Microsoft Says Desktop Virtualization Is Costly, Inappropriate for Most

From DailyTech: Many in the tech community believe that virtualization is the wave of the future. It allows for hardware consolidation, power savings, legacy support – this all adds up to potentially increased productivity and cost savings. However, some are not wholeheartedly on the virtualization bandwagon.

Microsoft is among these detractors. Despite efforts to support virtualization and offering virtualization products, Microsoft remains reticent on the issue and has at times spoken out, in effect, against virtualization. Ultimately, if everyone were to switch to thin-client desktops with virtualization (ala a widespread cloud computing scheme), Microsoft might make considerably less revenue from its licenses as thin client licenses often cost less than "fat clients" like Microsoft Windows. Microsoft would be faced with trying to sell products for a new kind of ecosystem, one in which it is not necessarily the top competitor in.

With the impending release of Windows 7, Microsoft's anti-virtualization rhetoric is in full effect and is most vocally heard at its Windows 7 workshops, which are touring the country. At these workshops, titled "Windows and the Enterprise", it has accused virtualization of being a costly technique, inappropriate for most large businesses -- a commentary very much at odds with the perspective of many major players in the tech industry.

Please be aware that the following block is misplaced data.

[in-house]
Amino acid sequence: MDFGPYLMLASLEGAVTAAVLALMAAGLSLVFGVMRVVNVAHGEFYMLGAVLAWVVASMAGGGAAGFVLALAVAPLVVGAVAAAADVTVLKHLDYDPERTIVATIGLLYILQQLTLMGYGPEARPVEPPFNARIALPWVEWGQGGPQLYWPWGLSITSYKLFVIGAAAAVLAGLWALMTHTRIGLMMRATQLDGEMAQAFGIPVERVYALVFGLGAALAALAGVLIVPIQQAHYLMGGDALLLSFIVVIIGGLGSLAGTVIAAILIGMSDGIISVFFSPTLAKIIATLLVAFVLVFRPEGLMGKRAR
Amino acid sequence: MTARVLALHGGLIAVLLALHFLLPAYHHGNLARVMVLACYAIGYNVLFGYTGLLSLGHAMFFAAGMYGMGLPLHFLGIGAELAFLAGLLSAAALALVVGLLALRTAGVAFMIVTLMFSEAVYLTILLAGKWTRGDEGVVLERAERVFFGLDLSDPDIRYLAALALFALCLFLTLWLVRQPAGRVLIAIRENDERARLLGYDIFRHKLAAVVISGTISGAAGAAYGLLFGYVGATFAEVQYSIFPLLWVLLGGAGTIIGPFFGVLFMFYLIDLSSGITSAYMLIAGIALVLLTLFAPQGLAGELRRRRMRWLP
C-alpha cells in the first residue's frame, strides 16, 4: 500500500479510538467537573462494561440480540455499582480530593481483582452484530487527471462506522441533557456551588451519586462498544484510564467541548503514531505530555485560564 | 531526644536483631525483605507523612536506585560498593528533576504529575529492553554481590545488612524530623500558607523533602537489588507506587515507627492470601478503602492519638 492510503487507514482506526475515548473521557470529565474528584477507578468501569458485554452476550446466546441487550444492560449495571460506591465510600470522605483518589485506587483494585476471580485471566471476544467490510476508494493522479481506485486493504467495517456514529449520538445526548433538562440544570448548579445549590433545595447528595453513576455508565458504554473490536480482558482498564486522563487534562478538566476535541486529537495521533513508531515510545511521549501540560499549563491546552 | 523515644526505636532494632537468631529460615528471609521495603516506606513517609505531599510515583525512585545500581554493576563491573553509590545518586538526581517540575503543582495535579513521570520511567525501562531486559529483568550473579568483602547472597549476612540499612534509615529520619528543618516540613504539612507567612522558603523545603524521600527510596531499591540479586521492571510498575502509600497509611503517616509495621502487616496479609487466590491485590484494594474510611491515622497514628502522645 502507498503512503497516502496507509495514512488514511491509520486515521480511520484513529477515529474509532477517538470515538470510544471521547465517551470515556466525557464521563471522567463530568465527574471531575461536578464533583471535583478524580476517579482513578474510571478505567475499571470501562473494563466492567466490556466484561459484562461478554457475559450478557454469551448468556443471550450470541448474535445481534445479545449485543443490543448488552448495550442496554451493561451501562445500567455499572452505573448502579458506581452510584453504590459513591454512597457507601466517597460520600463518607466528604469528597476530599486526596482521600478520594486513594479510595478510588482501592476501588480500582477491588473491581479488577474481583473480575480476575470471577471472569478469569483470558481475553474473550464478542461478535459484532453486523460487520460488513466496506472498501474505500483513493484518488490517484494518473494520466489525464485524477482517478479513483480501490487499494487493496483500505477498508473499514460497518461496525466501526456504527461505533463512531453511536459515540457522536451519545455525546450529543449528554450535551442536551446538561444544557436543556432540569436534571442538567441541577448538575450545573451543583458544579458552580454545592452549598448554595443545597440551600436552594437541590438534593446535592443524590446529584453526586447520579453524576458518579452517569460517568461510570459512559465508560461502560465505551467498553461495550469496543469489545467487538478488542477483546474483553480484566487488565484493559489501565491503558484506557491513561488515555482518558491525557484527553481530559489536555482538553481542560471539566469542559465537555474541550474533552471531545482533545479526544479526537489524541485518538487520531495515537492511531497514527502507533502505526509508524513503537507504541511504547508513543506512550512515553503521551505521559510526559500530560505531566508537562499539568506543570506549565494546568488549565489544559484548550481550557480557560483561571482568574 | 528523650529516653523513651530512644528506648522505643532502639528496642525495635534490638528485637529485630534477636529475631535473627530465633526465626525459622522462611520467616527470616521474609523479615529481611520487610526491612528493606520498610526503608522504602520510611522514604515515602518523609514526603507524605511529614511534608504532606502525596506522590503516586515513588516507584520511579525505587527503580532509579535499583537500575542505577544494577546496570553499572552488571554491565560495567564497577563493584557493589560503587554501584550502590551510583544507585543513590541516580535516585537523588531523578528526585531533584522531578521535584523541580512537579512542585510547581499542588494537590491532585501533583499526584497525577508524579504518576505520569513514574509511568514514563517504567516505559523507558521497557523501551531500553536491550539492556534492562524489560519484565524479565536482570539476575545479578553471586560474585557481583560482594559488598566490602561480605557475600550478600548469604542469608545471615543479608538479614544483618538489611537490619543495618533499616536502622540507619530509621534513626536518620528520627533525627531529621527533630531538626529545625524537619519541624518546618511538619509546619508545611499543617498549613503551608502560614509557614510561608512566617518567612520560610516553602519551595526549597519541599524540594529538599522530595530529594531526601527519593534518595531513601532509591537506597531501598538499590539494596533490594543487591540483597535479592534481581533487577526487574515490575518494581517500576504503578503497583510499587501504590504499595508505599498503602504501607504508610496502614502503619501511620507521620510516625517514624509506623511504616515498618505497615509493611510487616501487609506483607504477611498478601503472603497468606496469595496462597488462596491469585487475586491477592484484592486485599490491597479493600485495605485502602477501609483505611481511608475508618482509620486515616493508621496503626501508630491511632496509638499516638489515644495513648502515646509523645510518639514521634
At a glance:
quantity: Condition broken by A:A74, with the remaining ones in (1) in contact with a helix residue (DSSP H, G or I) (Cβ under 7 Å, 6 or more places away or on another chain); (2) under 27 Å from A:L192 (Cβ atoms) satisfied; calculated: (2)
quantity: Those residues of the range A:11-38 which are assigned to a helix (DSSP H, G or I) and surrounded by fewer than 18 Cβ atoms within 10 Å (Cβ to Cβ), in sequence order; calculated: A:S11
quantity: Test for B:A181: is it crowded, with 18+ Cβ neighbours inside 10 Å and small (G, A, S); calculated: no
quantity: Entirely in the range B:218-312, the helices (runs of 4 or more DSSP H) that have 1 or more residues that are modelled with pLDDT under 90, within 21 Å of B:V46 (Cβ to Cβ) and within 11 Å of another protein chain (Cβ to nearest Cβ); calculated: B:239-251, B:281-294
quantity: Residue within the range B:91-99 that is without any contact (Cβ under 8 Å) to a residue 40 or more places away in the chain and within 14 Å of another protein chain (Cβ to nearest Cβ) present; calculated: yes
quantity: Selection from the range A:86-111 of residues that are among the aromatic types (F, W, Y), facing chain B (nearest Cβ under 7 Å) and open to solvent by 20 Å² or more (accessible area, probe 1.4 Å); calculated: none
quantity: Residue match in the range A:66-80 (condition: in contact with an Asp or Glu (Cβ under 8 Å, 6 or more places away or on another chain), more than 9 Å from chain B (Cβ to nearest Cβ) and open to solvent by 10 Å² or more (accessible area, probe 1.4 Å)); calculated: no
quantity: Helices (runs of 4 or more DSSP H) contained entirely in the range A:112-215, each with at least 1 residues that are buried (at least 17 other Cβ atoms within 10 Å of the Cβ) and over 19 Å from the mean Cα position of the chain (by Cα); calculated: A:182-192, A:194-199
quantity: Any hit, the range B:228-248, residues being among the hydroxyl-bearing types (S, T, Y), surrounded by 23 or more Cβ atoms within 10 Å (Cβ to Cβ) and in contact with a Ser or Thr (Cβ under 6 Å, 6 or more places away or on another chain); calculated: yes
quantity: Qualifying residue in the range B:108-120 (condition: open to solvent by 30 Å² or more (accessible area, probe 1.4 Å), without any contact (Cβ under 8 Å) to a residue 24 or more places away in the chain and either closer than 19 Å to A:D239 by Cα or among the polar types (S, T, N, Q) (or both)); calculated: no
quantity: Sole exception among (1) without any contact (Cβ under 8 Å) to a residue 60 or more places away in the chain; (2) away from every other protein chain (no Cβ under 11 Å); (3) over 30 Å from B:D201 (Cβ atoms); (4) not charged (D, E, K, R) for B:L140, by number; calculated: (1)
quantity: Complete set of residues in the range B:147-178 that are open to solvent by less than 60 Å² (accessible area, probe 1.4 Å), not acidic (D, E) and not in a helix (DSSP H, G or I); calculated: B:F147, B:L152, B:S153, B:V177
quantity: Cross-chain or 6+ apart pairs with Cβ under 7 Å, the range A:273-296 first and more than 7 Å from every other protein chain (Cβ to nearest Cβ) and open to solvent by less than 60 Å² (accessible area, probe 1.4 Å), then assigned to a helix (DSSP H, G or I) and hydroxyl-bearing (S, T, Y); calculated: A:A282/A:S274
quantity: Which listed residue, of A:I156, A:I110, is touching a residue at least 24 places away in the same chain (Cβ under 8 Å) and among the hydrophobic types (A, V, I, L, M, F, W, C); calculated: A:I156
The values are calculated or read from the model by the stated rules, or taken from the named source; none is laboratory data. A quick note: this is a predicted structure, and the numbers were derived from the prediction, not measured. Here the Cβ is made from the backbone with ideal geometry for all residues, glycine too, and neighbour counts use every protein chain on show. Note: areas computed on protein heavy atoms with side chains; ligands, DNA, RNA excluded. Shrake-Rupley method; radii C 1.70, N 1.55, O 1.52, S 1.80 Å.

At a presentation in San Francisco, Microsoft officials said that Microsoft's Virtual Desktop Infrastructure (VDI) might be appropriate for up to 100 machines. For users with more machines it says virtualization is generally a poor idea. These comments come despite the fact that Microsoft has large-scale virtualization projects with Citrix Systems.

According to virtualization advocates, Microsoft's commentary is based on some accurate facts but is generally misleading. Virtualization, according to supporters, does place heavier demands on computing resources at data centers, where most of the processing is offloaded. Despite the numerous benefits in efficiency this can bring, it does require an infrastructure shift and can place stress on corporate data centers. Furthermore, as more process-vital information is being relayed over the network, network integrity also becomes increasingly important.

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